If you polled most of the experts who publish their scouting reports and player rankings prior to each season's NHL Entry Draft, you would have found Quebec Remparts forward Adam Erne in the mid-to-late first round on many boards.
Corey Pronman, of ESPN and Hockey Prospectus, had him in the mid-first round, and perhaps even higher if someone decided to reach for him, and The Scouting Report gave Erne a final draft ranking of 15th overall.
A run-in with some teammates and a suspension early in the season -- dreaded "off-ice issues" -- seemed to scare off more than one franchise, so Erne didn't go in the middle of the first round. He was still available, in fact, when his junior coach Patrick Roy's (now head coach of the Colorado Avalanche) second pick in the draft came around. And he fell again.
Erne, in surprising fashion, continued to free fall in the draft, all the way to 33rd overall in the 2nd round and straight into Tampa Bay Lightning GM Steve Yzerman's lap.
Here's how the panel ranked him:
|Kyle Alexander||John Fontana||Clark Brooks||Clare Austin||Patti McDonald||Mike Gallimore|
While the Lightning have something of an embarrassment of riches when it comes to young, skilled forward prospects, outside of Richard Panik there isn't much in the way of size, or forwards who project as future NHL power forwards. While Yzerman and his scouting staff have done a terrific job of leveraging a market inefficiency by finding a bevy of undersized, overlooked finesse forwards (think Tyler Johnson and Cory Conacher as the best examples of this), a lot of the forward prospects currently on the farm project as similar player types filling similar roles.
Erne provides some balance on the farm as a bigger body who plays more in the corners and around the net than some of the other talented forwards you'll find higher up on this list. From the staff at Bolt Prospects and their 2012-2013 Final Supplemental Rankings:
Erne already has a man's strength, loves to drive the net, and has decent touch in around the net when he gets there. Even more enticing is Erne's surprising burst and speed. Men that wide shouldn't be able to move that fast. The negatives are equally clear, though, as rumors of poor work habits and lack of professionalism off the ice may well have been what dropped Erne out of the first round.
Erne possesses a few uncommon tools, including some impressive shootout ability, as evidenced by his three shootout attempts and two shootout goals to clinch a win for Team USA over Team Finland at the National Junior Evaluation Camp in August. While no team drafts a player solely for their shootout prowess, it is another feather in Erne's cap in an facet of the game the Bolts have struggled mightily with over the past few seasons.
He's followed up a strong showing at the NJEC with another good performance at the first game of the rookie camp taking place this week in Coral Springs, featuring prospects from the Tampa Bay Lightning, Boston Bruins, Nashville Predators, and Florida Panthers. Erne scored a goal and added two assists as the Lightning rookies battled back to tie the Bruins' prospects in a 5-5 game that remained tied after each team scored only one goal in a five round shootout. Erne did not convert his shootout attempt.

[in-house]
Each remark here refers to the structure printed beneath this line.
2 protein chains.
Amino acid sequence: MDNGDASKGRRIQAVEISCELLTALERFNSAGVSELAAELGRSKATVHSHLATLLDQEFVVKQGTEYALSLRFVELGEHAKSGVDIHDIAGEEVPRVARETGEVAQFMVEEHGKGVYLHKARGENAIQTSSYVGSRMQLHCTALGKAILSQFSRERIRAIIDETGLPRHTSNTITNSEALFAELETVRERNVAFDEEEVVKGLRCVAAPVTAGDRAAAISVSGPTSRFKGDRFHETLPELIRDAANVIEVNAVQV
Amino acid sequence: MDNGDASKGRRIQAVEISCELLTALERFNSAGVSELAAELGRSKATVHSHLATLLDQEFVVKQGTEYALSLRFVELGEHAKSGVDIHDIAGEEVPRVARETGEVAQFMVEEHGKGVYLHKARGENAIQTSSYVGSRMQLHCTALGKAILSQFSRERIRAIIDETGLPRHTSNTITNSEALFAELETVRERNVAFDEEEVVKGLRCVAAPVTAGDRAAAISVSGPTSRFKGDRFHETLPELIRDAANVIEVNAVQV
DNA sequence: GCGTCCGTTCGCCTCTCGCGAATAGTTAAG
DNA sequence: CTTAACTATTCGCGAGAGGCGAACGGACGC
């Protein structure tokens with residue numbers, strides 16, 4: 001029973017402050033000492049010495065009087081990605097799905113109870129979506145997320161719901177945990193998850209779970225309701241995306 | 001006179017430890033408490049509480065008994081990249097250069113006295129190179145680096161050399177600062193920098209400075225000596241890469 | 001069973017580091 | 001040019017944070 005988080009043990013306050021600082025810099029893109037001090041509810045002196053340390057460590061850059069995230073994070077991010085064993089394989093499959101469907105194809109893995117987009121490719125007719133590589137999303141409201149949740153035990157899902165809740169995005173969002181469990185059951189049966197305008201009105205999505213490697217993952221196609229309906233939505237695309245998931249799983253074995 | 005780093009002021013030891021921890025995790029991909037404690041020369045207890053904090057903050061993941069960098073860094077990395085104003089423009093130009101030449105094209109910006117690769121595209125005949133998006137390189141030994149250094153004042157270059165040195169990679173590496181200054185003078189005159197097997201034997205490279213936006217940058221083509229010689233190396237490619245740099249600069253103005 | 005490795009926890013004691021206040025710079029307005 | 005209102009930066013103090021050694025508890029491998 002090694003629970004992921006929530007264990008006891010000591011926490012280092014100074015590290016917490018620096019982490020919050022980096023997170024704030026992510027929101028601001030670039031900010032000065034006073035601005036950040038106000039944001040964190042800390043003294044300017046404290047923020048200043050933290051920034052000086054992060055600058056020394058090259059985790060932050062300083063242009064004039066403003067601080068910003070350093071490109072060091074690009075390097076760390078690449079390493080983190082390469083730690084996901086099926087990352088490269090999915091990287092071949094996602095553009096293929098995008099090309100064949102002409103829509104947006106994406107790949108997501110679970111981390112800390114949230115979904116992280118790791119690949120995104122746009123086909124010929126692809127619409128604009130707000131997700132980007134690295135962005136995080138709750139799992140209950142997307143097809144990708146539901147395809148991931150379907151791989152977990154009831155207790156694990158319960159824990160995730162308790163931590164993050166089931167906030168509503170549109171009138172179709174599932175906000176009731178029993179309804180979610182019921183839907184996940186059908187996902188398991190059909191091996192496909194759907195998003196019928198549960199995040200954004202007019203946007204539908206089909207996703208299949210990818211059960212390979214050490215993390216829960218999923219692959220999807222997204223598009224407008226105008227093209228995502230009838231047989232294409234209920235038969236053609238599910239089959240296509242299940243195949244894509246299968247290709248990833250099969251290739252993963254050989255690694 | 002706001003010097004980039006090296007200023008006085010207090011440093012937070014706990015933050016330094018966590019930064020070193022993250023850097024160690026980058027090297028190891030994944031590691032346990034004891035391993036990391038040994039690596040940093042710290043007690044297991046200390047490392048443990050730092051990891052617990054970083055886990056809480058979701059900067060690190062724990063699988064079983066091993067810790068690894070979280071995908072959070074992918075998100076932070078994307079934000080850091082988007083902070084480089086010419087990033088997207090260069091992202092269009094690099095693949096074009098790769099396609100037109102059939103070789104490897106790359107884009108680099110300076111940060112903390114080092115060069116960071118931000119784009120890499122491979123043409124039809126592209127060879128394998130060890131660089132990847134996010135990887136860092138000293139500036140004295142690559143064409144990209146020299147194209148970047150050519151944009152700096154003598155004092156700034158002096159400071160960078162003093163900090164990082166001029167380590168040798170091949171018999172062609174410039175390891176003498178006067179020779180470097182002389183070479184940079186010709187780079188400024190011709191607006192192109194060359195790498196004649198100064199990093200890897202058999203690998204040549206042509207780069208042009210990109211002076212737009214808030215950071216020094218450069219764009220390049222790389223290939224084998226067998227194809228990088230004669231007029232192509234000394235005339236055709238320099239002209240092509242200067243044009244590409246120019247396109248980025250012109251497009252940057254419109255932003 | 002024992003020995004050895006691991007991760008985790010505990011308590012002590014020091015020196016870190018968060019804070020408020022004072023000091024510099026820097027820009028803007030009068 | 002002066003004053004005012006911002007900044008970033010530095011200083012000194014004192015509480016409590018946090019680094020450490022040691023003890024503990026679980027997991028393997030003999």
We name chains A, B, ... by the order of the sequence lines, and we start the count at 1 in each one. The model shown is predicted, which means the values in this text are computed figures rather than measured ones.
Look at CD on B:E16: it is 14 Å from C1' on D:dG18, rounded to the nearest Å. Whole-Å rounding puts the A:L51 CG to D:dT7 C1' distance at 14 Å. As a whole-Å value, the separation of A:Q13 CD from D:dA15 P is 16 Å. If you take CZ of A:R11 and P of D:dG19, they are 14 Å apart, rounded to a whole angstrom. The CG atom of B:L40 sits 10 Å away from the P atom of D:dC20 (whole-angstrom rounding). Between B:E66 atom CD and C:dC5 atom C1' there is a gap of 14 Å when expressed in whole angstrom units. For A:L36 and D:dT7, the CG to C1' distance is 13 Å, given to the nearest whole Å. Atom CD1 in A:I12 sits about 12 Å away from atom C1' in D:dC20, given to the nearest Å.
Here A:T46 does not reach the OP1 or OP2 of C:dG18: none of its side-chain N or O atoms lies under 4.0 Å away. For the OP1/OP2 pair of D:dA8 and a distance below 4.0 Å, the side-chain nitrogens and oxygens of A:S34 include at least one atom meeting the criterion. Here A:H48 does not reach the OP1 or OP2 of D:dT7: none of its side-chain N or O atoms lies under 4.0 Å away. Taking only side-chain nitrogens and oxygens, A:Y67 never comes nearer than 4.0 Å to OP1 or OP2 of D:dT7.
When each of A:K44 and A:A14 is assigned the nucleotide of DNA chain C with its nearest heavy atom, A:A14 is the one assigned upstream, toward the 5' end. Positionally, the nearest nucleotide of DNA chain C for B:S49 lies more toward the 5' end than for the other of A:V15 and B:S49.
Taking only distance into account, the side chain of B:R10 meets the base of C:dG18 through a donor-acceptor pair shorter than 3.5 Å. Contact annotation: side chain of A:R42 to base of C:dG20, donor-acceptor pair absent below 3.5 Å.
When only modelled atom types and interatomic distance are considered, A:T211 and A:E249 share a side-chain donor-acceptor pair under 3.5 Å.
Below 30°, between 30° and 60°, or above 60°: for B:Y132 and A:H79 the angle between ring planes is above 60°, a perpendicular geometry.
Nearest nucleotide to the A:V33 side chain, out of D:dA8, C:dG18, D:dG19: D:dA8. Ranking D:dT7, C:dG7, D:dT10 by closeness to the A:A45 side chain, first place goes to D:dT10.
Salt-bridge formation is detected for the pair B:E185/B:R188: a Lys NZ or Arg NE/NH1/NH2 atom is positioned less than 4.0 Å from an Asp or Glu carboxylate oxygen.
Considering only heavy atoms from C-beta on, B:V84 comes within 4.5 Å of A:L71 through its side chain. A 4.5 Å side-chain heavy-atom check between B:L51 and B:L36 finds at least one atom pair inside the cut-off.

The #22 rating might seem a little low for a player generating so much buzz in the weeks since the draft, but there is good reason to pump the brakes when it comes to the hype surrounding Erne. Scott Reynolds, of the SB Nation Edmonton Oilers blog Copper and Blue, did a series of articles showing comparable players for some of the leading prospects in the 2013 draft, including Adam Erne, and found that Erne may not end up as the impact NHLer many expect him to be.
Players with Erne's adjusted scoring rates for his age in the CHL range from relative unknowns like Petr Taticek and Keith Osbourne to average bottom-six NHLers like Zack Kassian and James Sheppard all the way up to high-impact scoring forwards like Adam Deadmarsh, though it's much more likely Erne ends up like Kassian or Sheppard in the NHL than Deadmarsh.
That said, even Erne's worst-case scenario seems to be as a useful bottom-six winger capable of 20-30 points in a season, which means while he may not end up being Ryan Malone he doesn't seem likely to follow in the footsteps of Carter Ashton either.
Reynolds closed with this thought about Erne:
So what is there for hope? Well, the actual skill set that Erne has seems to lend itself well to a physical third line forward, so you can at least see him filling the role well. It's not the kind of projection I'd be excited about with a top-twenty pick, but if Erne falls into the last third of the first round, I think he's probably a decent bet.
So once again, for where Erne ended up being drafted, he seems like a tremendous value player with decent NHL potential and deserving of his #22 ranking.